While the Show command only displays info for the current user, the debug command
Creates log messages, viewable to any user to uses the "terminal monitor" command from enable mode
Command for: check the CPU utilization
Allows for commands that tell the switch the details of what to do and how to do it.
Command to enter configuration mode
Command to leave configuration mode to enable mode
"end" key or Ctrl+Z
List the four common switch configuration modes
Global, Line, Interface, VLAN
After using the "configure terminal" command, enter command to enter Global configuration mode
None. This is the mode you're in as soon as you enter configuration mode
After using the "configure terminal" command, enter command to enter Line configuration submode
line console 0 (where 0 is the first serial port) or line vty 0 15 (where 0 is the first concurrent session and 15 is the 16th)
After using the "configure terminal" command, enter command to enter Interface configuration submode
"interface x" where x is the interface number
After using the "configure terminal" command, enter command to enter VLAN configuration submode
"vlan x" where x is the vlan number.
What does the prompt look like when you're configuring a line?
What does the prompt look like when you're configuring an interface?
What does the prompt look like when you're configuring a VLAN
What does the prompt look like when you're in configuration mode?
If you're in a configuration submode, what command gets you back to the global configuration mode?
If you're in the global configuration mode, what command gets you back to the enable mode?
End or Ctrl+Z
List the four types of memory found in a Cisco switch
RAM (AKA DRAM), ROM, Flash Memory, NVRAM
In a Cisco switch, RAM is used for -
(Dynamic) Random Access Memory. Used by the switch for working storage, just as any PC would use it. Running (active) configuration file is stored here.
In a Cisco switch, ROM is used for -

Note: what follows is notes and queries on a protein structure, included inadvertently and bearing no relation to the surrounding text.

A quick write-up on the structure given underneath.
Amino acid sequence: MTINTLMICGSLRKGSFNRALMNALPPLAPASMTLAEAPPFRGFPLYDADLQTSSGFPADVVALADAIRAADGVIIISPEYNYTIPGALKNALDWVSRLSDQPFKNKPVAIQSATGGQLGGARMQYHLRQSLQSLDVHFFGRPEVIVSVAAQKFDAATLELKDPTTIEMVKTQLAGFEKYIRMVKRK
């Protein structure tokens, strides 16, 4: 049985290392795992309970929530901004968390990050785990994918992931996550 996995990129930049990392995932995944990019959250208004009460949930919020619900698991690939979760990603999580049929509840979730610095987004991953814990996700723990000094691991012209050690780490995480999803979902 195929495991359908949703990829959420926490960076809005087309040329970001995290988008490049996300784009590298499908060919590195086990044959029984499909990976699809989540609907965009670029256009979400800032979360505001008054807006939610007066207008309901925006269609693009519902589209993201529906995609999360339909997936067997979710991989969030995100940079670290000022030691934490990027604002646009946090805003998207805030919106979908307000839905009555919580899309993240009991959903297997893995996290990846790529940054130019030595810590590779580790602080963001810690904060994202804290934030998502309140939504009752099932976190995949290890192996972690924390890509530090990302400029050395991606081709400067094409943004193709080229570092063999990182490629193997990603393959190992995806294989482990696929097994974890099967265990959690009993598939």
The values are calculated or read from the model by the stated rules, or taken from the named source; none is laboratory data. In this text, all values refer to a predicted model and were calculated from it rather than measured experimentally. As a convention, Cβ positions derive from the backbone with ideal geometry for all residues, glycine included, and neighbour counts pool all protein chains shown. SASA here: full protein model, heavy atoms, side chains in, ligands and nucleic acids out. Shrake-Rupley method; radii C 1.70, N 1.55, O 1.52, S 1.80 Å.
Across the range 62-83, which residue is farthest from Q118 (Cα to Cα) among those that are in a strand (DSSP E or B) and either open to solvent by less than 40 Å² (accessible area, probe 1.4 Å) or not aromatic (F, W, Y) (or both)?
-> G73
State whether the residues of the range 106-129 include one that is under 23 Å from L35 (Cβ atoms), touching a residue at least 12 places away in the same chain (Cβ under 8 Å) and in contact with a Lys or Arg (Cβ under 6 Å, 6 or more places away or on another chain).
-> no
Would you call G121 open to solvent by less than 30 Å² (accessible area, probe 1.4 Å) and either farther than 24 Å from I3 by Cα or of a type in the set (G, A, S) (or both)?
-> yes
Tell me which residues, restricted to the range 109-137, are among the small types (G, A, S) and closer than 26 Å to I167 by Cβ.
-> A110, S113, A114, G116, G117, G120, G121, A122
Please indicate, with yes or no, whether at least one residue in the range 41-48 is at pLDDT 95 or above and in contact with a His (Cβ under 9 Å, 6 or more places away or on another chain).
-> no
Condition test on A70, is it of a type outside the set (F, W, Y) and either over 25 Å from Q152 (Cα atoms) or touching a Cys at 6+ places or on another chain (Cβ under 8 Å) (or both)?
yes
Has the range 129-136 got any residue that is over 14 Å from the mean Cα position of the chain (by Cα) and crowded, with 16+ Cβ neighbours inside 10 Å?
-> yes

Read-only memory. Stores a boostrap/boothelper program that is loaded when switch powers on. The program finds the full Cisco IOS image and manages process of loading Cisco IOS into RAM.
In a Cisco switch, Flash memory is used for -
Stores functional Cisco IOS images. Default location where switch gets Cisco IOS at boot time. Can also store backup copies of configuration files
In a Cisco switch, NVRAM is used for -
Nonvolatile RAM. Stores initial or startup config file that is used when switch is first powered on and when the switch is reloaded.
Name the two Cisco IOS Configuration Files
Startup Config, Running Config
The initial configuration used anytime the switch reloads Cisco IOS. Stored in NVRAM.
Currently used configuration commands. Changes dynamically when someine enters commands in config mode.
What do you have to do to make changes to the startup config?
Change the running config in configuration mode, then save the changes to NVRAM, saving over the startup config.
Where is the startup config stored?
Where is the running config stored?
Command to display the running config
Command to display the startup config
Command to override the startup config with the running config
copy running-config startup-config
Command to move the startup config to a TFTP server
copy startup-config tftp
Command to move a config on a TFTP server to the startup config
copy tftp startup-config
Command to move the config on a TFTP server to the running config
copy tftp running-config
How does a copy into RAM -- therefore overwriting the running config -- (from TFTP or NVRAM) work?
As if the commands in the config were entered from the running config's stop point, effectively merging the running config and the config you've copied.
Three commands to erase the NVRAM
write erase, erase startup-config, erase nvram
Result of erasing the NVRAM
startup config goes away. Reloading the switch will leave the switch with no config
Recommended command to erase the NVRAM
Two methods to set up an initial, basic configuration
Configuration Mode, setup mode
An option on Cisco IOS switches and routers that prompts the user for basic configuration information, resulting in new running-config and startup-config files.
Official term for setup mode
initial configuration dialogue
Six things that result from the "show version" command
IOS version, time since last load of the IOS, reason for last load of the IOS, number of fast ethernet interfaces, number of gigabit ethernet interfaces, switch model number
Q: See diagram